Poland, Hungary hit back on democratic standards in the EU

WARSAW, Poland (AP) — Threatened with the potential loss of European Union funds over their records on democracy, the governments of Poland and Hungary say they plan to establish a new institute to assess how well all EU member nations adhere to the rule of law.

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The foreign ministers of the two right-wing governments said the new institute of comparative law will supply them with information on the state of democracy across Europe and prevent what they called “double standards.” It was not clear when the institute would open.

“The goal of the institute of comparative law is that we are not taken for fools,” Hungarian Foreign Minister Peter Szijjarto said Monday, adding that he was fed up with “some west European politicians using us as a punchbag.”

Szijjarto said he thinks the governments of Poland and Hungary are at odds with other EU countries because they pursue policies based on Christian foundations that are intolerable to the “international liberal mainstream.”

Polish opposition lawmaker Marcin Kierwinski was not impressed. He tweeted that the institute plan was “something like North Korea and Venezuela setting up an institute for the flourishing of capitalism.”

EU governing bodies have accused the two governments for several years of violating the bloc’s rule-of-law standards, and the bloc is pursuing sanction procedures against Hungary and Poland .

The sticking points in Poland are the government's steps to take control of the justice system, and especially the judiciary. In Hungary, it's a number of government-sponsored laws targeting media freedoms, minority rights, the electoral system and academic and religious freedoms.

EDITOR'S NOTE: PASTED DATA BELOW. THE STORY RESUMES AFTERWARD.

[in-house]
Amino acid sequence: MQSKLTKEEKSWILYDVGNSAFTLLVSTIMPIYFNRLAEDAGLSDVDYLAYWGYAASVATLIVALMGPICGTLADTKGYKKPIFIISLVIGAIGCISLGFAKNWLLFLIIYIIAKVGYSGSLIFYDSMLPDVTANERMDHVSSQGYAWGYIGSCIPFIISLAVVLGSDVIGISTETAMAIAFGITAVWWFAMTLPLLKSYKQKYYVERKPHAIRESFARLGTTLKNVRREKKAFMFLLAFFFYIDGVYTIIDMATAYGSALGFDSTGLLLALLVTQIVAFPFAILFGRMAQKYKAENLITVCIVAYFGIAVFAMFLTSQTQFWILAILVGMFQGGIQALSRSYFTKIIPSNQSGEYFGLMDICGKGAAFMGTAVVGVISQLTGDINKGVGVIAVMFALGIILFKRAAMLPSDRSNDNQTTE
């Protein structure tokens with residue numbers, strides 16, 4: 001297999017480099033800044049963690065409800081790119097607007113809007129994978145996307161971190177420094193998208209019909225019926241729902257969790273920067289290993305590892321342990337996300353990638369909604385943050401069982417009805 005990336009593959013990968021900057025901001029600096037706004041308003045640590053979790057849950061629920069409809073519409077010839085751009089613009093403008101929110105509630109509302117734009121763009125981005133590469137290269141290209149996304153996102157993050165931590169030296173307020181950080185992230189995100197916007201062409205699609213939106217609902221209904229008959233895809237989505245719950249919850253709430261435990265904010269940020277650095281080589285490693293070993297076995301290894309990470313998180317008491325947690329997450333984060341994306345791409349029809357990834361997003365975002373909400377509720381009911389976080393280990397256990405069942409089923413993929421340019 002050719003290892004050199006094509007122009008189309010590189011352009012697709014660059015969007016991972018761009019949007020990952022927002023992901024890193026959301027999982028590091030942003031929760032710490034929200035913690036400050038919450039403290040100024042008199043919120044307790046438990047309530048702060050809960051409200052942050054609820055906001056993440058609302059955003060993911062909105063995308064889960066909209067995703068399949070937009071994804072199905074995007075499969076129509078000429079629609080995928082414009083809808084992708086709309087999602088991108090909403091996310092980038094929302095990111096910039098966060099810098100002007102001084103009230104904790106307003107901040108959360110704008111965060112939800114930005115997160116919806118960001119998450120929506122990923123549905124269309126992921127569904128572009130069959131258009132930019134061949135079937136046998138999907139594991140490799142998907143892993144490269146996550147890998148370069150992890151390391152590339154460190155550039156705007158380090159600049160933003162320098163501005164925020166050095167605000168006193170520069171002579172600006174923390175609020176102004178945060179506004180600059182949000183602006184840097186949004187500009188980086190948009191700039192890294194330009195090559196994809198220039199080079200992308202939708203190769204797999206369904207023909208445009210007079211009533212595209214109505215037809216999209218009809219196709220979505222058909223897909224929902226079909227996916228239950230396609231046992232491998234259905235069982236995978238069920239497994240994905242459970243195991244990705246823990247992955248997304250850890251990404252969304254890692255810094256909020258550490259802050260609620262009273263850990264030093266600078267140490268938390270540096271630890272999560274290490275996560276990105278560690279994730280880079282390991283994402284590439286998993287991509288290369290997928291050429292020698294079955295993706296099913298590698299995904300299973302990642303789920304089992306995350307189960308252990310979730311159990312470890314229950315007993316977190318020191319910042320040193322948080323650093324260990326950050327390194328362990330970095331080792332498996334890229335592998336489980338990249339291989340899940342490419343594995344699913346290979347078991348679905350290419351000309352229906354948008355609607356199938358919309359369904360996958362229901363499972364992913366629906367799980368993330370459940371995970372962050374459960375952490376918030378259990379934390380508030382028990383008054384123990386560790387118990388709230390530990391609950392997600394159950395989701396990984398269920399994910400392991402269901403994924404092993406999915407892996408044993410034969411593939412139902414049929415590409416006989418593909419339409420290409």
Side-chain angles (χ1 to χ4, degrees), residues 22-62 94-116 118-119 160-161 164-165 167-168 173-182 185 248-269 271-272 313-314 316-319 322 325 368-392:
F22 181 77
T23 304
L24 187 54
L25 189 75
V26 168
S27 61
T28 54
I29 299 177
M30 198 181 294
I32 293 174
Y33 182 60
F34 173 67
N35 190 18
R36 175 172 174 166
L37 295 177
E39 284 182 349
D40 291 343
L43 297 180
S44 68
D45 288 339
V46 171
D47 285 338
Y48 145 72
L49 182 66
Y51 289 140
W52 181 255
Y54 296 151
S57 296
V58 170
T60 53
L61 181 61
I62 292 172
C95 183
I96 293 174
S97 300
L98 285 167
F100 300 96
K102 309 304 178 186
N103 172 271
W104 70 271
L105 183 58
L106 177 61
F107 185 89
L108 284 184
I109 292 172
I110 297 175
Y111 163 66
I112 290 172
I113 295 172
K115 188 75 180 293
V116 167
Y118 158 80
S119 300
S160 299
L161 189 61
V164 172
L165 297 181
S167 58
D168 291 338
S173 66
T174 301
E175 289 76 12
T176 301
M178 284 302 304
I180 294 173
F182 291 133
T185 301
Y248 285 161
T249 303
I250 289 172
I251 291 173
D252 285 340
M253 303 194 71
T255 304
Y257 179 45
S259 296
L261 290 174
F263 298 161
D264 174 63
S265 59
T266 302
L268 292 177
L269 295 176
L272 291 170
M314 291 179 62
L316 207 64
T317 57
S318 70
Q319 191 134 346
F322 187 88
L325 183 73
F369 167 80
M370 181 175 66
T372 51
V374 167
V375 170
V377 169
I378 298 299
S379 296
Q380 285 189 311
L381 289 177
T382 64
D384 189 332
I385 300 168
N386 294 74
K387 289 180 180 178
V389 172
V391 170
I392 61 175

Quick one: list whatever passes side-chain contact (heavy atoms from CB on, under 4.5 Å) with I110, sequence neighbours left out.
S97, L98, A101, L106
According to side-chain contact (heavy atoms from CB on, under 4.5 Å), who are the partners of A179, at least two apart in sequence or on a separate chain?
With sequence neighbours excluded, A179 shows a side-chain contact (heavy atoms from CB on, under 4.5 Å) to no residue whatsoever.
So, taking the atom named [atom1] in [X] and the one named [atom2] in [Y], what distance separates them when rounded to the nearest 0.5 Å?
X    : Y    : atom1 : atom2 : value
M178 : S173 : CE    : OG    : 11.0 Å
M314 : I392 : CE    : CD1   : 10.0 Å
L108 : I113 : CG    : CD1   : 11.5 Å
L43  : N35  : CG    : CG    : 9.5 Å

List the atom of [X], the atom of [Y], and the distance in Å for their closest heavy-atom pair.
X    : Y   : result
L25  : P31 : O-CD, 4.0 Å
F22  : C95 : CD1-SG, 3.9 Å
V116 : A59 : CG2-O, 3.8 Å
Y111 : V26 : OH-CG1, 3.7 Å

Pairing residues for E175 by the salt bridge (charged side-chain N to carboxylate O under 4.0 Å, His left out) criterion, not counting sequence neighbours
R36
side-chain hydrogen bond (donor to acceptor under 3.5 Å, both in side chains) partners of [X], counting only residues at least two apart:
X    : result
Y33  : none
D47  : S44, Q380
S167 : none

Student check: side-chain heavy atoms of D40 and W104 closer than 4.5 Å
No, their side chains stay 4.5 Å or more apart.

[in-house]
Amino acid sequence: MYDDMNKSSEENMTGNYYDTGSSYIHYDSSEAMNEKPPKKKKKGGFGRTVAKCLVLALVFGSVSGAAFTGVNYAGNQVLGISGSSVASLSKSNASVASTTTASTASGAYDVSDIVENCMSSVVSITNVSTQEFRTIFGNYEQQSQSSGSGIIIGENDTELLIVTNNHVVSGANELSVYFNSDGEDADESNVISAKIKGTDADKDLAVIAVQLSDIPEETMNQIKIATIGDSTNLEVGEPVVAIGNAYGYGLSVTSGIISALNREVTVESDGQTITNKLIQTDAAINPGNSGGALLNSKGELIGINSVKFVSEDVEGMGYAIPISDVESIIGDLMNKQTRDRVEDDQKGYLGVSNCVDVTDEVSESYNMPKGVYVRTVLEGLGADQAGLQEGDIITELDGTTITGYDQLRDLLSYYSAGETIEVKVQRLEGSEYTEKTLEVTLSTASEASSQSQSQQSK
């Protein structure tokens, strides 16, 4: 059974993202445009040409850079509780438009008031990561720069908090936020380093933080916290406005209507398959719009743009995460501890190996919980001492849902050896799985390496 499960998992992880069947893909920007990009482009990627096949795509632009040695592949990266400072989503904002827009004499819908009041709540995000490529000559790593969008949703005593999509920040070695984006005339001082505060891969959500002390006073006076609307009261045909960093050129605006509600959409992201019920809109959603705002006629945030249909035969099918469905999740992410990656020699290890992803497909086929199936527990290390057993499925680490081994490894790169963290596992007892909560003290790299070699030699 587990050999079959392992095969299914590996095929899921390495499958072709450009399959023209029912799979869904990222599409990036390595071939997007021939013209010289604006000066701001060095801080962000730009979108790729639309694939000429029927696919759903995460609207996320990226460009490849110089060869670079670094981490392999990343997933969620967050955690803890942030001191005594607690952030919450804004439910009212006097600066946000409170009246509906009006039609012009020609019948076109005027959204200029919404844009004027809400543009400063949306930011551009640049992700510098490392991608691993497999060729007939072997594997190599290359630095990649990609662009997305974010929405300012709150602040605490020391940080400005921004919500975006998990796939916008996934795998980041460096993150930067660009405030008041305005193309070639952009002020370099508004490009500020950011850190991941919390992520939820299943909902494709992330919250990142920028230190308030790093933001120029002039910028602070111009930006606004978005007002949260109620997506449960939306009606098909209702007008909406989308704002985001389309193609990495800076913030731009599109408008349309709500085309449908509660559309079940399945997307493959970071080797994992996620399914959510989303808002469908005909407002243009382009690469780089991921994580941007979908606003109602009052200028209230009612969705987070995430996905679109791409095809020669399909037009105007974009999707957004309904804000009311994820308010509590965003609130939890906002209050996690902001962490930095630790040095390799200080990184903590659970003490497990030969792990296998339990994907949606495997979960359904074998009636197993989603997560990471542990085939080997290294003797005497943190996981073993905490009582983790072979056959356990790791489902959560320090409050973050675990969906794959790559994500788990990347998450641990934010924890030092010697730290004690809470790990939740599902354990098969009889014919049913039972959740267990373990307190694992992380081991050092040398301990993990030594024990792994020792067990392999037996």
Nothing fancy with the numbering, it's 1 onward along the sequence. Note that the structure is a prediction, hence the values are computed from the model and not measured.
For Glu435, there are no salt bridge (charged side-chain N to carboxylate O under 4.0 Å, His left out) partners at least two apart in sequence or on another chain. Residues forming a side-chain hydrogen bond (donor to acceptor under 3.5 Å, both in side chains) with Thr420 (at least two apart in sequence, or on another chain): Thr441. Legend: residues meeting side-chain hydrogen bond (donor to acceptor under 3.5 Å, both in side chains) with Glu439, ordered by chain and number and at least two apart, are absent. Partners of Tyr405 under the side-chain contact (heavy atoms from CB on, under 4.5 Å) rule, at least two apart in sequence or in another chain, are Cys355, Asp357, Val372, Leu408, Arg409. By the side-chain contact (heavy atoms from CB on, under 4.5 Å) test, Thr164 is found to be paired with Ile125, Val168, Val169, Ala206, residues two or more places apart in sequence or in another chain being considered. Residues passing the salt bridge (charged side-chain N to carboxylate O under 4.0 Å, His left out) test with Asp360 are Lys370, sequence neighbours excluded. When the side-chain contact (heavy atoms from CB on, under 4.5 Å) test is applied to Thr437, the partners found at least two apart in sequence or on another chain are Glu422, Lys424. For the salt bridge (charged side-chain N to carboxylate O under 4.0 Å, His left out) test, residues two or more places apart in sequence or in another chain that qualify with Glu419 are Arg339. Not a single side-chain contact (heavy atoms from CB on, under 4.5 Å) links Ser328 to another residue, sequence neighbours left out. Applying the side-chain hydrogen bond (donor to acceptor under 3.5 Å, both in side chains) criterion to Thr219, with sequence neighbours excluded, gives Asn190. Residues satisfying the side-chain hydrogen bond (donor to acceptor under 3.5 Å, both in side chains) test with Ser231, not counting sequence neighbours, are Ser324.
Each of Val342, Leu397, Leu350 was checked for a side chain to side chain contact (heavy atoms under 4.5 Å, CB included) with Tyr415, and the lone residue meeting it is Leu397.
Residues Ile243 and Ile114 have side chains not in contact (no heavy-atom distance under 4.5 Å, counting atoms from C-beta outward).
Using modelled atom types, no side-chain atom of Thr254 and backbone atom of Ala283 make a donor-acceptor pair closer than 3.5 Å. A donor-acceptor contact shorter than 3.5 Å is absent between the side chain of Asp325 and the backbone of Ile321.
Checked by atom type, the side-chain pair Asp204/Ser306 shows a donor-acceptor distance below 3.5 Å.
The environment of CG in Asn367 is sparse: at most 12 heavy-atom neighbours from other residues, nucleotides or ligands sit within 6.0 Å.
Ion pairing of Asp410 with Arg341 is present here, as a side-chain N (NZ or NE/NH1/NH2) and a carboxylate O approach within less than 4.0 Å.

One of the proposed sanctions is to link the level of EU funding for member nations in some parts of the 2021-27 budget to national rule-of-law standards. Poland and Hungary are protesting the idea, saying they are not being assessed fairly. They have vowed to block any financial sanctions.

The two countries, EU members since 2004, have received many times more funds from EU coffers than they contribute. The funds are spent widely to develop various areas of life, from roads and clean environment facilities to local communities and civic society.

The EU’s executive arm, the European Commission, has initiated a new annual mechanism, the “rule of law review cycle,” that vets the state of democracy and the rule of law in all member nations. The first review report is to be discussed at a news conference Wednesday.

European Commission President Ursula von der Leyen, said recently that the rule of law is a crucial value because it “helps protect people from the rule of the powerful. It is the guarantor of our most basic of every-day rights and freedoms.”

The annual review is a “preventive tool for early detection of challenges and for finding solutions” and to “ensure that there is no backsliding.”

In a Saturday interview with Germany's Der Spiegel magazine, EU Values Commissioner Vera Jourova said the report draws an “alarming” picture and that Hungary under Prime Minister Viktor Orban was veering away from Western democracy.

Orban wrote von der Leyen on Monday to demand Jourova's resignation. The European Commission's spokesperson said Tuesday that Jourova had von der Leyen's support.